Radev receives provost grant to develop linguistics mentorship program
UMSI Professor of Information Dragomir Radev received a $15,689 grant from the U-M Office of the Provost’s Transforming Learning for a Third Century (TLTC) initiative. The award will support a program Radev has proposed to train U-M students to serve as mentors to high school students interested in linguistics and computational linguistics.
Computational linguistics is an interdisciplinary field that connects linguistics, computer science, and information science. The technology behind the Google search engine, Google Translate and Apple Siri is based on the work done in these communities and requires a thorough understanding of both human language and computer technology.
Radev’s program will seek to identify U-M undergraduate students who are interested in computational linguistics, regardless of their area of study. Radev will prepare a curriculum consisting of lectures, readings, and group and individual activities that would familiarize the undergraduate students with the science and technology used in modern computational linguistics. During the process, the students will not only learn new things, but they will also be expected to present what they have learned to interested high school students.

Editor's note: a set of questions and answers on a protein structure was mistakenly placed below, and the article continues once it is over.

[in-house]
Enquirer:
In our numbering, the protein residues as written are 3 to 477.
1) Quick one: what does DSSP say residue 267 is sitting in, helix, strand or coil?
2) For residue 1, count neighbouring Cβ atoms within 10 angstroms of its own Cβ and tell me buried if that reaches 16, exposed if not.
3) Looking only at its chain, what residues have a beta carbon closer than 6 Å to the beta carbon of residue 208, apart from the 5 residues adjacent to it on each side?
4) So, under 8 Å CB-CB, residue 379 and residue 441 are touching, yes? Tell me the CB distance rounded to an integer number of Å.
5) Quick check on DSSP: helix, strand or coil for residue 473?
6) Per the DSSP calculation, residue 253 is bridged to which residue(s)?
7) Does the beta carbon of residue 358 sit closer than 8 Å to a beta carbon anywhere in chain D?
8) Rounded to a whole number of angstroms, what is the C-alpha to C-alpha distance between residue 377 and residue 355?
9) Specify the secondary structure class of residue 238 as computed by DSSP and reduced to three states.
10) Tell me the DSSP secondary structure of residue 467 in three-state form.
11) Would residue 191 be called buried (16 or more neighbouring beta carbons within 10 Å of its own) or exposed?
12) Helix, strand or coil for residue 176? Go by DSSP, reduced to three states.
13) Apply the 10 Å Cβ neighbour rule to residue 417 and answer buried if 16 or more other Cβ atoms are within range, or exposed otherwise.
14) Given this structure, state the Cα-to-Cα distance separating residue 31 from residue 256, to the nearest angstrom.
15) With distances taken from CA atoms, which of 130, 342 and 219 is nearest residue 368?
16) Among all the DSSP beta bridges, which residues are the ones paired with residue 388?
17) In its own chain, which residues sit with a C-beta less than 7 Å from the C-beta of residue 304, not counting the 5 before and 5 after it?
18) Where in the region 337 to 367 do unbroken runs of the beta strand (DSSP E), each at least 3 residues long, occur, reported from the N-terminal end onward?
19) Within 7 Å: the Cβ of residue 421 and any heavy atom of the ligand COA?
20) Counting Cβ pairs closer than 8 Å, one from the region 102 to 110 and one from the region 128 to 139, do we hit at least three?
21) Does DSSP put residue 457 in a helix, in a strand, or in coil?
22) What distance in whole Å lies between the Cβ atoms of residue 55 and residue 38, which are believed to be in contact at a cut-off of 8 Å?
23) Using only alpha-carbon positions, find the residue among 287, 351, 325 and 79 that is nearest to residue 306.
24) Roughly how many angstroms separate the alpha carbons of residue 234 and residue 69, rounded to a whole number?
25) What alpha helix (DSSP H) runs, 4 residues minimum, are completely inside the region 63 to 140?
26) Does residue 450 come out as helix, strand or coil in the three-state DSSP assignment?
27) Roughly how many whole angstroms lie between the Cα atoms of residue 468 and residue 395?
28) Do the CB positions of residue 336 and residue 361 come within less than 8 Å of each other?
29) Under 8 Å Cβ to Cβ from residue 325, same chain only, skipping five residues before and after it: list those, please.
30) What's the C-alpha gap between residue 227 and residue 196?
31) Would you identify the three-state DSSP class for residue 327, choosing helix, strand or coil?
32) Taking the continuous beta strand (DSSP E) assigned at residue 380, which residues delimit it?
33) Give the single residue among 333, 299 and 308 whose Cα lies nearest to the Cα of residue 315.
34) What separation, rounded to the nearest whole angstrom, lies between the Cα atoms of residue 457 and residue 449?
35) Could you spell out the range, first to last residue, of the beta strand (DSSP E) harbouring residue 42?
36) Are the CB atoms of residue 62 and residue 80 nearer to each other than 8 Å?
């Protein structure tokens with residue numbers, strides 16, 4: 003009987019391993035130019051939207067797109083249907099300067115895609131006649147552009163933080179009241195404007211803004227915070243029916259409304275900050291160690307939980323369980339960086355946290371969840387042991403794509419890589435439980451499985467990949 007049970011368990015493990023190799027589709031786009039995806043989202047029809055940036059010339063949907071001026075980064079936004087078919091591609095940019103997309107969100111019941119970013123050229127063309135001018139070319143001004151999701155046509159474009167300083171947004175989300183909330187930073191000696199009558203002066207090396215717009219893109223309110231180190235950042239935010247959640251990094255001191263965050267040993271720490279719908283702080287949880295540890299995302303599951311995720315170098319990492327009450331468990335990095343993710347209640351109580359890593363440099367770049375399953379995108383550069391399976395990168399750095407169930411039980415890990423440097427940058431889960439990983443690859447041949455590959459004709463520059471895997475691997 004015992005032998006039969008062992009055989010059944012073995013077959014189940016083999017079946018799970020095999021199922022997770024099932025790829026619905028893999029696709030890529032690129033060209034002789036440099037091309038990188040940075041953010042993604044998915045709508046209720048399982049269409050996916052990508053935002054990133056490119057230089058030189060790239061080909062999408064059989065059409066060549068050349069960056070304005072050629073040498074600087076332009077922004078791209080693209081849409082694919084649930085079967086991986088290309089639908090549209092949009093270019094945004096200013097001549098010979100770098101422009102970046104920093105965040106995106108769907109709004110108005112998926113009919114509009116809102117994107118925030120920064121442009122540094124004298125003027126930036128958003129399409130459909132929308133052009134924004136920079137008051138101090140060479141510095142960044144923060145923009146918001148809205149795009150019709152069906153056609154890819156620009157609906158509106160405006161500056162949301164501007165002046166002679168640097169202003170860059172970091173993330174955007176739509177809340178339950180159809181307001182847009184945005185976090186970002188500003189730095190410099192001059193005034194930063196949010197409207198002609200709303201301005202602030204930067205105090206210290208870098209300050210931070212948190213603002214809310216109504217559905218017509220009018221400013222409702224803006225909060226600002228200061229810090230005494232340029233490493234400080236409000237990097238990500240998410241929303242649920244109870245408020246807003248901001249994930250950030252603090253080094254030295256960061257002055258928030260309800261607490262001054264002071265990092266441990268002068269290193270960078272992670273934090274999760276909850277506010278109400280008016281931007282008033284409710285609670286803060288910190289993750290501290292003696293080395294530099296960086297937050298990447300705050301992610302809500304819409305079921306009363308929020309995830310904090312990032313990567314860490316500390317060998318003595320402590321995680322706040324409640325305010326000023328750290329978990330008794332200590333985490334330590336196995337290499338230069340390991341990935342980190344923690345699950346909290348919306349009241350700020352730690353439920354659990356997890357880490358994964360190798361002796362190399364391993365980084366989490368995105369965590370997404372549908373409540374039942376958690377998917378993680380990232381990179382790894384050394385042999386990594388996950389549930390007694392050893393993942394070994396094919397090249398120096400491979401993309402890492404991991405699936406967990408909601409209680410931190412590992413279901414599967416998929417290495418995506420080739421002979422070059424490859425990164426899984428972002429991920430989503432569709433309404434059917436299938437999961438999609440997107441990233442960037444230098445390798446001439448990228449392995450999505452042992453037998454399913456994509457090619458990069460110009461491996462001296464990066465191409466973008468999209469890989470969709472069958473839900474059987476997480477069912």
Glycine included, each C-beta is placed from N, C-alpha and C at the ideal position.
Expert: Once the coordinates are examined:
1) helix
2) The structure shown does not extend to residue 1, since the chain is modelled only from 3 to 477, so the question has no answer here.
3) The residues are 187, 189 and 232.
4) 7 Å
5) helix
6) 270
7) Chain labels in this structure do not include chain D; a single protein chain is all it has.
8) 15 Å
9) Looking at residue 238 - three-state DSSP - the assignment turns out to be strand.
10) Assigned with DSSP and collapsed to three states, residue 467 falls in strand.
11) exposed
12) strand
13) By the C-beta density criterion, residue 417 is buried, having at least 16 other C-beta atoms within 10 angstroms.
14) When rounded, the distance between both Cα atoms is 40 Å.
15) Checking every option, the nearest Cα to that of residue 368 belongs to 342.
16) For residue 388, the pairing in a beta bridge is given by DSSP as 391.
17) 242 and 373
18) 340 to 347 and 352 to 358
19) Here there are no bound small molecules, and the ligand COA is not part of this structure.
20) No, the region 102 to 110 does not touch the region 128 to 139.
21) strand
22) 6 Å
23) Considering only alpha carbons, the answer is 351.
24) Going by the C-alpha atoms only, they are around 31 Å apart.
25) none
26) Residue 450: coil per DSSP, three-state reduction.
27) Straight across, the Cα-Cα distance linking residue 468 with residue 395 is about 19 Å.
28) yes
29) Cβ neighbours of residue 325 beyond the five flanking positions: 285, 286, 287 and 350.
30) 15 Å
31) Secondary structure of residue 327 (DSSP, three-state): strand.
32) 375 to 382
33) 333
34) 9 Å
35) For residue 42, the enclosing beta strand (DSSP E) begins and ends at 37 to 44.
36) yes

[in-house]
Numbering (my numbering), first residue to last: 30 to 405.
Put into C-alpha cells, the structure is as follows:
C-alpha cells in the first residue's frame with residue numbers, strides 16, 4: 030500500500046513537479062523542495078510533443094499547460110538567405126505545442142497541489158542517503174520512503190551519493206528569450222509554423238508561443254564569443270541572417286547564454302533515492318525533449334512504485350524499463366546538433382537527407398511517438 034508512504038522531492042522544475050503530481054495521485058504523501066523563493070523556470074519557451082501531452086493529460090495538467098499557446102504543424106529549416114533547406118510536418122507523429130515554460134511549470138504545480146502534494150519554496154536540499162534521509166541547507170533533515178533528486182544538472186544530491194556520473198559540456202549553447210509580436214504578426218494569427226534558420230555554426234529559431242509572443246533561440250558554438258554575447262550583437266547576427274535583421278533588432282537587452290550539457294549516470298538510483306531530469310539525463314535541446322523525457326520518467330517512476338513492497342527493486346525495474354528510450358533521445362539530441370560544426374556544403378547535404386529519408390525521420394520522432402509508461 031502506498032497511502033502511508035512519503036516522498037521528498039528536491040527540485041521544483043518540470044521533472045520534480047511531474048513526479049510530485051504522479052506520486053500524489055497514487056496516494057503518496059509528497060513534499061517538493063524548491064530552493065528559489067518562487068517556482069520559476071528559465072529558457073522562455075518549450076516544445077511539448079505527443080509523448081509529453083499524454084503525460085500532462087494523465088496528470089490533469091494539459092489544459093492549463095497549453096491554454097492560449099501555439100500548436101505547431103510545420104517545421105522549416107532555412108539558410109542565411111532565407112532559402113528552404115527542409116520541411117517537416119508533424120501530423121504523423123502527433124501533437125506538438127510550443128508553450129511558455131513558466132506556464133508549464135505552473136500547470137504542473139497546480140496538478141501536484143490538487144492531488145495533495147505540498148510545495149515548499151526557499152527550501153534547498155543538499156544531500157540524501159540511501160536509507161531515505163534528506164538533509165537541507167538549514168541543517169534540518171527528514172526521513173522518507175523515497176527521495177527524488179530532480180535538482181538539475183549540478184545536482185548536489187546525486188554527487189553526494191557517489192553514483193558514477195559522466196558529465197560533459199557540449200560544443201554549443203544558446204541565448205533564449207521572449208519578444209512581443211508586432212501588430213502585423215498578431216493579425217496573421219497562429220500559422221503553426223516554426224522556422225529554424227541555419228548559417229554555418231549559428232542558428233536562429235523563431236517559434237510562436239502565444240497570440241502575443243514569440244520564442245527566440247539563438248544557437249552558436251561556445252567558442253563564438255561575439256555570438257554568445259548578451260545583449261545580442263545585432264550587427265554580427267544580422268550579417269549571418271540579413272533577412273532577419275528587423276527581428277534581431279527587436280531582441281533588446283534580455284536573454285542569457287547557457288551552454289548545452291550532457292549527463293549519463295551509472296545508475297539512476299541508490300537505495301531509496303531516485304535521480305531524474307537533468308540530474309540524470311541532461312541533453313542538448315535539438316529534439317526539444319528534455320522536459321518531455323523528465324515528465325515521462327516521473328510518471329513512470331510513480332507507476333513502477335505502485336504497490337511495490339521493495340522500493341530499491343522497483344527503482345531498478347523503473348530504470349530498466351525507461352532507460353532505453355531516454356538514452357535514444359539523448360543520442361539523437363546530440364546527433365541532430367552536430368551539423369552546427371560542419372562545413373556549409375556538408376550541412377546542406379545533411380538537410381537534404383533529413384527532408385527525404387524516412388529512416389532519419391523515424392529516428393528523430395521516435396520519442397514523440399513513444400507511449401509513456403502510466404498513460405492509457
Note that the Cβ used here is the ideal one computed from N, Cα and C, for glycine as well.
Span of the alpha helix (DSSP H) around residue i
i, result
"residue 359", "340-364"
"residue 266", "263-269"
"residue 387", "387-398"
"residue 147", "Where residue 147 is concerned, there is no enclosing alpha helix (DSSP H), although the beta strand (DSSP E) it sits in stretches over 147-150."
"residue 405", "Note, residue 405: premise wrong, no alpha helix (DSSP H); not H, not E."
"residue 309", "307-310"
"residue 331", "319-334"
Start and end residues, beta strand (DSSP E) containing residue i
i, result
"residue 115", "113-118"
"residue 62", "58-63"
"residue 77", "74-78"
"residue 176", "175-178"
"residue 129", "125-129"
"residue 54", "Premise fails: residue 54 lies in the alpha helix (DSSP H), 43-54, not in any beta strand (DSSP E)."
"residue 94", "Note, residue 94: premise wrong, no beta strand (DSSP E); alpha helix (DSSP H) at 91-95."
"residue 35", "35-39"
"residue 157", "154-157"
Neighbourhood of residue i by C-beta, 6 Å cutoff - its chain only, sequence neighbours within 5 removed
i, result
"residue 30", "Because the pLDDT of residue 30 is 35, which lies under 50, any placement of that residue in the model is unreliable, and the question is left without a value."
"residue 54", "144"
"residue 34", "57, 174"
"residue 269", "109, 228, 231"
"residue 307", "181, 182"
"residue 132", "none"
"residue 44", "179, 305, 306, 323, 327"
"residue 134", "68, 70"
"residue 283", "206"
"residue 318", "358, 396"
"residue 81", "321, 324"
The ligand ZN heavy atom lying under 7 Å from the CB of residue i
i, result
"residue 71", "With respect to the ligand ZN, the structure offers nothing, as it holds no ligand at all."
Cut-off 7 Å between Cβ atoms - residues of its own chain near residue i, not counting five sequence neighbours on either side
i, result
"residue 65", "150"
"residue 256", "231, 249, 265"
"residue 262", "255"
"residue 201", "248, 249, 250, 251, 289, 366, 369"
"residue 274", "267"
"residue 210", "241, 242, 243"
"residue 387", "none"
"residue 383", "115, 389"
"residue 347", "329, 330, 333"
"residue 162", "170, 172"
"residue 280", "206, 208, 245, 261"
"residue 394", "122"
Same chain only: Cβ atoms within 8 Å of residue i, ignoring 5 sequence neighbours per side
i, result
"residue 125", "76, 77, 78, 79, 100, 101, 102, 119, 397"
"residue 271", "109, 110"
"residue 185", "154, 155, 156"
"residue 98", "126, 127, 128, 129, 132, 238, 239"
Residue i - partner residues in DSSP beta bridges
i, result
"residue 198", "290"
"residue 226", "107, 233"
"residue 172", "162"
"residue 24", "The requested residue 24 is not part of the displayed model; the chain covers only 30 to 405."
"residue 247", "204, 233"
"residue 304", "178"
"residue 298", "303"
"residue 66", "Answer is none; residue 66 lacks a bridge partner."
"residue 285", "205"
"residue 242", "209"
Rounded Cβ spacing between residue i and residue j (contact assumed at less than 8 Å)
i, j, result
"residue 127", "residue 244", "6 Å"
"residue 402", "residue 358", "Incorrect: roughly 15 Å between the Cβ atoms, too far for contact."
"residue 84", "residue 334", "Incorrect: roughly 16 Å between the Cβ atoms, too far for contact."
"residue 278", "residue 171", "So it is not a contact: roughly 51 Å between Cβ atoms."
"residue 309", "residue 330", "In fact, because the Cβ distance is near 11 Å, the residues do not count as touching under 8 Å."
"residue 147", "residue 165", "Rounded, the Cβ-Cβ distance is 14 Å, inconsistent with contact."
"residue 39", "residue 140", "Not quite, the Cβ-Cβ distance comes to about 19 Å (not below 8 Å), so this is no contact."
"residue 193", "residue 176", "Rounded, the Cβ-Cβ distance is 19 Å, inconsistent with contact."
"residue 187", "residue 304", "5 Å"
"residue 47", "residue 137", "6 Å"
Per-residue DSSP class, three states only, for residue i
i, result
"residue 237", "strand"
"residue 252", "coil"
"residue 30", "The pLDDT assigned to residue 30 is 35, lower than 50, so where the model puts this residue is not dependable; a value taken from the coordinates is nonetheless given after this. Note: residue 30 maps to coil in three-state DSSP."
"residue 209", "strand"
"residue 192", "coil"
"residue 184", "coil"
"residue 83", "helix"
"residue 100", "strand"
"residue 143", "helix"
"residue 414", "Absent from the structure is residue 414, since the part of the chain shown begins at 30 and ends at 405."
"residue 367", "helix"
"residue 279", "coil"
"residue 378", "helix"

The pilot program would pair undergraduate students with high school students from the greater Detroit area. The undergraduate students will then help prepare the high school students for the North American Computational Linguistics Olympiad (NACLO), an annual competition in which high school students solve linguistic puzzles.
The top students from NACLO qualify for the Canadian and U.S. national teams that compete in the International Linguistics Olympiad. Radev is a founding program chair of NACLO and coach of the U.S. team.
Through his involvement with NACLO and the International Language Olympiad, Radev has aimed to create challenging and stimulating problems that address cutting edge issues in computational linguistics, a rapidly emerging field with applications in such areas as search engine technologies, machine translation, and artificial intelligence. This pilot program will build on his previous efforts and seek to prepare high school students for studies and careers in linguistics and computational linguistics.
The TLTC award program represents the funding mechanism associated with creating new, engaged learning experiences for U-M students. The program is part of the Third Century Initiative, a plan from the U-M president and provost to foster the development of forward-thinking approaches to teaching and scholarship at U-M for the university’s third century.